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Land Registration etc. (Scotland) Act 2012

Section 97: Electronic documents

216.This section inserts a new Part 3 into the Requirements of Writing (Scotland) Act 1995 (the 1995 Act) comprising seven new sections on electronic documents.

217.The new Part contains powers for Scottish Ministers to carry out two major reforms by subordinate legislation. First, it permits Scottish Ministers to make regulations making documents electronically valid. This will allow, for example, regulations to make contracts relating to transactions over land, known as missives, electronically valid. This will lead to solicitors not needing to exchange paper documents. Second, it permits Scottish Ministers to make regulations allowing electronic registration of electronically valid documents in the Keeper’s registers.

218.Consequential amendments to the 1995 Act (particularly to ensure law on paper documents continues to operate) are provided for in schedule 3.

219.Inserted section 9A defines electronic documents.

220.Inserted section 9B allows Scottish Ministers to make regulations in respect of the types of documents under section 1(2) of the 1995 Act capable of being electronically formally valid. Subsection 1 makes provision that in order for an electronic document to reach the threshold of being formally valid, the document needs to be authenticated by the granter or granters. Subsection (2) provides that an electronic document is authenticated if it bears an electronic signature. In this way, authentication can be said to be akin to the wet signature applied to a traditional document. The conditions that the electronic signature must comply with are stipulated in subsection 2(a) to (c). A document must be of a type authorised to be a valid electronic document under subsection (1)(b) and are authenticated in accordance with regulations under subsection (2)(c). Subsection (3) allows a contract mentioned in section 1(2)(a) of the 1995 Act to be constituted by a mix of electronic and traditional documents.

221.Inserted section 9C gives Scottish Ministers a power to specify in regulations what level of authentication and certification is necessary to ensure the document can be presumed to be authenticated. On being authenticated alone, the document can be valid under section 9B. However, in order for an electronic document to have probative status, certain documents may have to have third party certification. Traditional documents receive self-proving status by witnessing. Once electronically signed in accordance with regulations made under section 9C(2), an electronic document is capable of being automatically valid without witnessing (as the equivalent evidence of who signed the electronic document (and when) is securely encrypted into the constituent data of the document).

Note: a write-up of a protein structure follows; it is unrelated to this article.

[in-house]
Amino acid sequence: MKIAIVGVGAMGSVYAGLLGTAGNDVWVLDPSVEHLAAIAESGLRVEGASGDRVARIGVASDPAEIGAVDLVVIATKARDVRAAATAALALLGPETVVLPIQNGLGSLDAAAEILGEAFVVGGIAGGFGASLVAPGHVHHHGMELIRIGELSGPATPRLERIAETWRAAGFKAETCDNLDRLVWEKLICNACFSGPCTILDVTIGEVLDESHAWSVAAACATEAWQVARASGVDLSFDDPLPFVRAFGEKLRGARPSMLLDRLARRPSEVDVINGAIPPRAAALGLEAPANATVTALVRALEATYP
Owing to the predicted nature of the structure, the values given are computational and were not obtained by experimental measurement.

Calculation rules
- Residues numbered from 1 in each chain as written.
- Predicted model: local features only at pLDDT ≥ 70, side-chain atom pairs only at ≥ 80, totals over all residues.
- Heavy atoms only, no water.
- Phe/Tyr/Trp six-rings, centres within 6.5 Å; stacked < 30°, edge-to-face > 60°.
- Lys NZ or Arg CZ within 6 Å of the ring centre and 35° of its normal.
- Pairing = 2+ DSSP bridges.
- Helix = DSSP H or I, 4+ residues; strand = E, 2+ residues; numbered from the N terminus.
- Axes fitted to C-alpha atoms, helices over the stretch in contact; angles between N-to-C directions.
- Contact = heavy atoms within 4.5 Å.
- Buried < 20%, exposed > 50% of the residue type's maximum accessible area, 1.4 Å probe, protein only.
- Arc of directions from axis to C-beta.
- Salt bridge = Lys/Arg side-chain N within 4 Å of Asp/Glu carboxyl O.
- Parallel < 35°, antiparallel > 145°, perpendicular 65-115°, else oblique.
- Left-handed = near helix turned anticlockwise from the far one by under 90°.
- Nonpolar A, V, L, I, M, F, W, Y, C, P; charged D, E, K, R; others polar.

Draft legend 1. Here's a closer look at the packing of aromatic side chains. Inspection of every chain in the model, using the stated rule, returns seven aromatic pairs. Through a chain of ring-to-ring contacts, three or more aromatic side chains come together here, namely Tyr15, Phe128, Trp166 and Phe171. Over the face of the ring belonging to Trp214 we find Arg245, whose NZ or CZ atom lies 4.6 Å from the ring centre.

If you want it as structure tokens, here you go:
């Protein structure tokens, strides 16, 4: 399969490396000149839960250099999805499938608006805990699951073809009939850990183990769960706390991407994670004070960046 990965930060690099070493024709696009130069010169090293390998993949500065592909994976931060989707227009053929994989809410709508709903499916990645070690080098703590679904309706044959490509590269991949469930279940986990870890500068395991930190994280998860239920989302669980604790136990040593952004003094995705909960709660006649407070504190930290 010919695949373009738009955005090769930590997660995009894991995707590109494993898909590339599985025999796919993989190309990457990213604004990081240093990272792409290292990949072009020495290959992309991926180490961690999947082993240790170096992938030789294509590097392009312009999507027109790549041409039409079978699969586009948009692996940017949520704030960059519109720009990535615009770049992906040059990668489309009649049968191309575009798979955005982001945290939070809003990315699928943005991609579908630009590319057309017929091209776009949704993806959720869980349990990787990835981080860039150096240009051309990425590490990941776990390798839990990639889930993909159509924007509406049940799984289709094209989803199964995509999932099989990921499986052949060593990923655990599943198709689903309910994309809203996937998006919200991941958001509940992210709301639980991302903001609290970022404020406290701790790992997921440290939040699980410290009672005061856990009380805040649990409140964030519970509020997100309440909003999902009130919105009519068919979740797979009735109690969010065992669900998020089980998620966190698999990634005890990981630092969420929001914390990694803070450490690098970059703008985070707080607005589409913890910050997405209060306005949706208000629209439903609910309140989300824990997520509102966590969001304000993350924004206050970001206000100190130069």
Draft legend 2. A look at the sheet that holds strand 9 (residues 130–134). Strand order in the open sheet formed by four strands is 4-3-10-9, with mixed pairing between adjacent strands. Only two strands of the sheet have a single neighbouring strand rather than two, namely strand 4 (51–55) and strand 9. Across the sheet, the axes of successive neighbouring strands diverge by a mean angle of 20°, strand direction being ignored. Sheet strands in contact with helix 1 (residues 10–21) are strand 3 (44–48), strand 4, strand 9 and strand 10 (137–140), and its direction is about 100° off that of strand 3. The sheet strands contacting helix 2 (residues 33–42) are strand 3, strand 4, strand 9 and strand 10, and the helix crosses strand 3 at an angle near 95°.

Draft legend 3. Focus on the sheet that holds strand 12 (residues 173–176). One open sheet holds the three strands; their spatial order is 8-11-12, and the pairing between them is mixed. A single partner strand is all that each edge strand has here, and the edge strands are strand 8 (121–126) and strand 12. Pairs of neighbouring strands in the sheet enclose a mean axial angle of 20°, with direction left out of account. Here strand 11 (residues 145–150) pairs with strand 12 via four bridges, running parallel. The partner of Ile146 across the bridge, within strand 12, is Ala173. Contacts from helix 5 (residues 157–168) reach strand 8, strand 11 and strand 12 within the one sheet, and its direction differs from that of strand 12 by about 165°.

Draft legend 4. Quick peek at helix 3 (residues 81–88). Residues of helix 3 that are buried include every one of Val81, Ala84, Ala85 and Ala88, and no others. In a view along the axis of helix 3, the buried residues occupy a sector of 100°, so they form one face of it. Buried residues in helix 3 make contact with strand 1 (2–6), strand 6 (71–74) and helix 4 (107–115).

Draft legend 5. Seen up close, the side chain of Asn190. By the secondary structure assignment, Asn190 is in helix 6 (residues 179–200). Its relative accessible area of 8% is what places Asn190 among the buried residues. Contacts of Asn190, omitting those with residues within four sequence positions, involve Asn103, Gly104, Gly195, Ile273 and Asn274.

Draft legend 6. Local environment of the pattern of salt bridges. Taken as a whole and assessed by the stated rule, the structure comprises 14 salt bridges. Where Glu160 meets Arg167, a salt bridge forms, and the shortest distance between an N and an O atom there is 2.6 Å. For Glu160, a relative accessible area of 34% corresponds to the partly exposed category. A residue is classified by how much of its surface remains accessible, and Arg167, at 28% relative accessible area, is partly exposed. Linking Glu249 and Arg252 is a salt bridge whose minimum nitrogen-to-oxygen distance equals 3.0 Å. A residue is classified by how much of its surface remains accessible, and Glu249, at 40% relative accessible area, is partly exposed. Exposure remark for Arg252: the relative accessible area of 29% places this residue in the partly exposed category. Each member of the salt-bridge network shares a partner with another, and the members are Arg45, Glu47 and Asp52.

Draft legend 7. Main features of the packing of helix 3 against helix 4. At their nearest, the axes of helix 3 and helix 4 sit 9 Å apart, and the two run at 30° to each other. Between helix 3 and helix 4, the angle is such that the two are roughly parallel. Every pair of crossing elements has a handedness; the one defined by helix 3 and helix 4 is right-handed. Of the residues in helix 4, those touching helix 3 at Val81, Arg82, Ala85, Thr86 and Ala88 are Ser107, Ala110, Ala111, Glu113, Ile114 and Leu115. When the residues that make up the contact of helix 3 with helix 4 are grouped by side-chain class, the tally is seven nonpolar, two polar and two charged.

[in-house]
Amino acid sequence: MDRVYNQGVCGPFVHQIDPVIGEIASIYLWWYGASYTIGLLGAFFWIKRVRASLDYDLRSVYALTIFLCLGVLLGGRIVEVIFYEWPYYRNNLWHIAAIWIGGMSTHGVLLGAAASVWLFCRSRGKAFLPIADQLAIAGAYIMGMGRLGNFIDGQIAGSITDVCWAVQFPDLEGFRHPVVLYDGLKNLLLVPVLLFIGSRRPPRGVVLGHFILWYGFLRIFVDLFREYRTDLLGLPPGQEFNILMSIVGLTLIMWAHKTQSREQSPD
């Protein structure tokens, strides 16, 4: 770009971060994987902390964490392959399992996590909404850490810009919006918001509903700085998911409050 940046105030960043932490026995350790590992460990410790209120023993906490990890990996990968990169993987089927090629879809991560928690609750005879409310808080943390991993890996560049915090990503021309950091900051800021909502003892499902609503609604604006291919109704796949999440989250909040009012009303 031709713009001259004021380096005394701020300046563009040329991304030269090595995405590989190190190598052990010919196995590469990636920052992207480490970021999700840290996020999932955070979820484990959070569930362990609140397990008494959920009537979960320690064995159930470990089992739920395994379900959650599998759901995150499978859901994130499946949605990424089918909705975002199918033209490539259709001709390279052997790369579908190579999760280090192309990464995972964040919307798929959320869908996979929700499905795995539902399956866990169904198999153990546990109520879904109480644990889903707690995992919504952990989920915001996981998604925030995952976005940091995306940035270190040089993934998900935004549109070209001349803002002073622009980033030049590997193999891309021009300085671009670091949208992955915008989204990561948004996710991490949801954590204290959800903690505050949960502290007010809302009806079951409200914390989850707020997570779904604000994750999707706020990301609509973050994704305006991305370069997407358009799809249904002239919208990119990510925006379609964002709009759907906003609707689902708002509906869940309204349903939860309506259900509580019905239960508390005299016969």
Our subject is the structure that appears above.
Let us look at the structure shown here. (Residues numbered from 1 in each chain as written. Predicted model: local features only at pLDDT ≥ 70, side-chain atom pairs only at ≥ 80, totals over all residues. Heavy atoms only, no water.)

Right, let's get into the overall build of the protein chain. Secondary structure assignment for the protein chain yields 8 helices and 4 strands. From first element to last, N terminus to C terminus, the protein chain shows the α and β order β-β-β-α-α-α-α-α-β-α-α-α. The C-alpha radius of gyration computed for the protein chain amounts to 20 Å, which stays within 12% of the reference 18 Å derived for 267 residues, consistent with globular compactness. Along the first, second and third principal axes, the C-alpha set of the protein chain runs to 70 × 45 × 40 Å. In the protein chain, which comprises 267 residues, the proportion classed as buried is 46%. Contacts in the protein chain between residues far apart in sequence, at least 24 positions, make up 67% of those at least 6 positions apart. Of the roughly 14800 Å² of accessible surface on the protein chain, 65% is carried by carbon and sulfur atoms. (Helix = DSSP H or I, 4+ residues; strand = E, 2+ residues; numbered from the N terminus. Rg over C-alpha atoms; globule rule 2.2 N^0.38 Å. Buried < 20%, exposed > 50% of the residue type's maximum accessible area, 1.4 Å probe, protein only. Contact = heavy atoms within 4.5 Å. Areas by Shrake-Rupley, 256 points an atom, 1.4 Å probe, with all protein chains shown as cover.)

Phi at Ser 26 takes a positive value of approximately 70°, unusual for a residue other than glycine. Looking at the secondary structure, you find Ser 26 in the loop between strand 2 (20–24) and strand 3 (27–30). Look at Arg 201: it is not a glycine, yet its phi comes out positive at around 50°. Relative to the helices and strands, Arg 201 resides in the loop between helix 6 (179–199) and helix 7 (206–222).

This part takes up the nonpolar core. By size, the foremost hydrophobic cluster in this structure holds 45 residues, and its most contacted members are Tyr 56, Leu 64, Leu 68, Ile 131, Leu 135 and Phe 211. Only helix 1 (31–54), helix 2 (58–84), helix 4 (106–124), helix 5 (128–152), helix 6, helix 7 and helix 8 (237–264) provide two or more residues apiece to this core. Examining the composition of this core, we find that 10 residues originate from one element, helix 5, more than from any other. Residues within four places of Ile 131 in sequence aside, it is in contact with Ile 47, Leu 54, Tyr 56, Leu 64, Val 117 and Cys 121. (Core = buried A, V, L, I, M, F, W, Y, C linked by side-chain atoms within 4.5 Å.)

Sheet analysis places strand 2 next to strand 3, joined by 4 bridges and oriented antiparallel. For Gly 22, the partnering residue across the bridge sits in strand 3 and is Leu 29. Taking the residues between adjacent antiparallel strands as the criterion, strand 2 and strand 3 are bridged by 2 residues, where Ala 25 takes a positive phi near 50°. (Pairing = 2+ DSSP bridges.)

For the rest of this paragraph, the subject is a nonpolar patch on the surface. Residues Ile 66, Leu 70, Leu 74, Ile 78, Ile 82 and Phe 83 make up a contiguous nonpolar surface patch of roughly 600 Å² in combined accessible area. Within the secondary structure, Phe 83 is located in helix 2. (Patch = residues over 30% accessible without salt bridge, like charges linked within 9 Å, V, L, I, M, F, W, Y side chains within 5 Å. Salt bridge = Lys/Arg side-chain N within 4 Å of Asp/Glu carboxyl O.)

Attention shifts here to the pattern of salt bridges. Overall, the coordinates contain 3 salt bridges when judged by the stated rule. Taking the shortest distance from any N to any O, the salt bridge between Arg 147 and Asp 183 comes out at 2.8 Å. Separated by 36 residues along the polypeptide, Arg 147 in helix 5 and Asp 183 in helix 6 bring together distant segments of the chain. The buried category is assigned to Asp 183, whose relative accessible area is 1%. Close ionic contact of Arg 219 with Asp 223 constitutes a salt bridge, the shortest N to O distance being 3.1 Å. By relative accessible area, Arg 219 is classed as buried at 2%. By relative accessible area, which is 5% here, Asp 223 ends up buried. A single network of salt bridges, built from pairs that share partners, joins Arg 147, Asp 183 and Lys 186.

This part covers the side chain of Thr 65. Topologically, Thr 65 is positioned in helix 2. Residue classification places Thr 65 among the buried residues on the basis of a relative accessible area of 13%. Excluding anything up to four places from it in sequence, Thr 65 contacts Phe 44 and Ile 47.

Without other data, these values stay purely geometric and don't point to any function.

222.Inserted section 9D makes provision allowing courts to grant decree that an electronic document is self-proving even if there is no presumption in respect of the document under section 9C.

223.Inserted section 9E allows the regulations to make provision in relation to alteration and authentication of and annexations to, electronically valid documents.

224.Inserted section 9F allows electronic documents to be delivered electronically (such as over the internet) or by other reasonable means (such as physical delivery of USB memory stick). Subsection (2) is self-explanatory.

225.Inserted section 9G (1) to (3) allows Scottish Ministers to make regulations allowing for electronic registration of electronically valid documents in any of the Keeper of the Registers of Scotland’s registers. Such a document must be of a type specified in regulations under subsection (3) and be electronically authenticated under section 9C, 9D or 9E(1). Subsection (6) list the documents to which the regulations need not apply.

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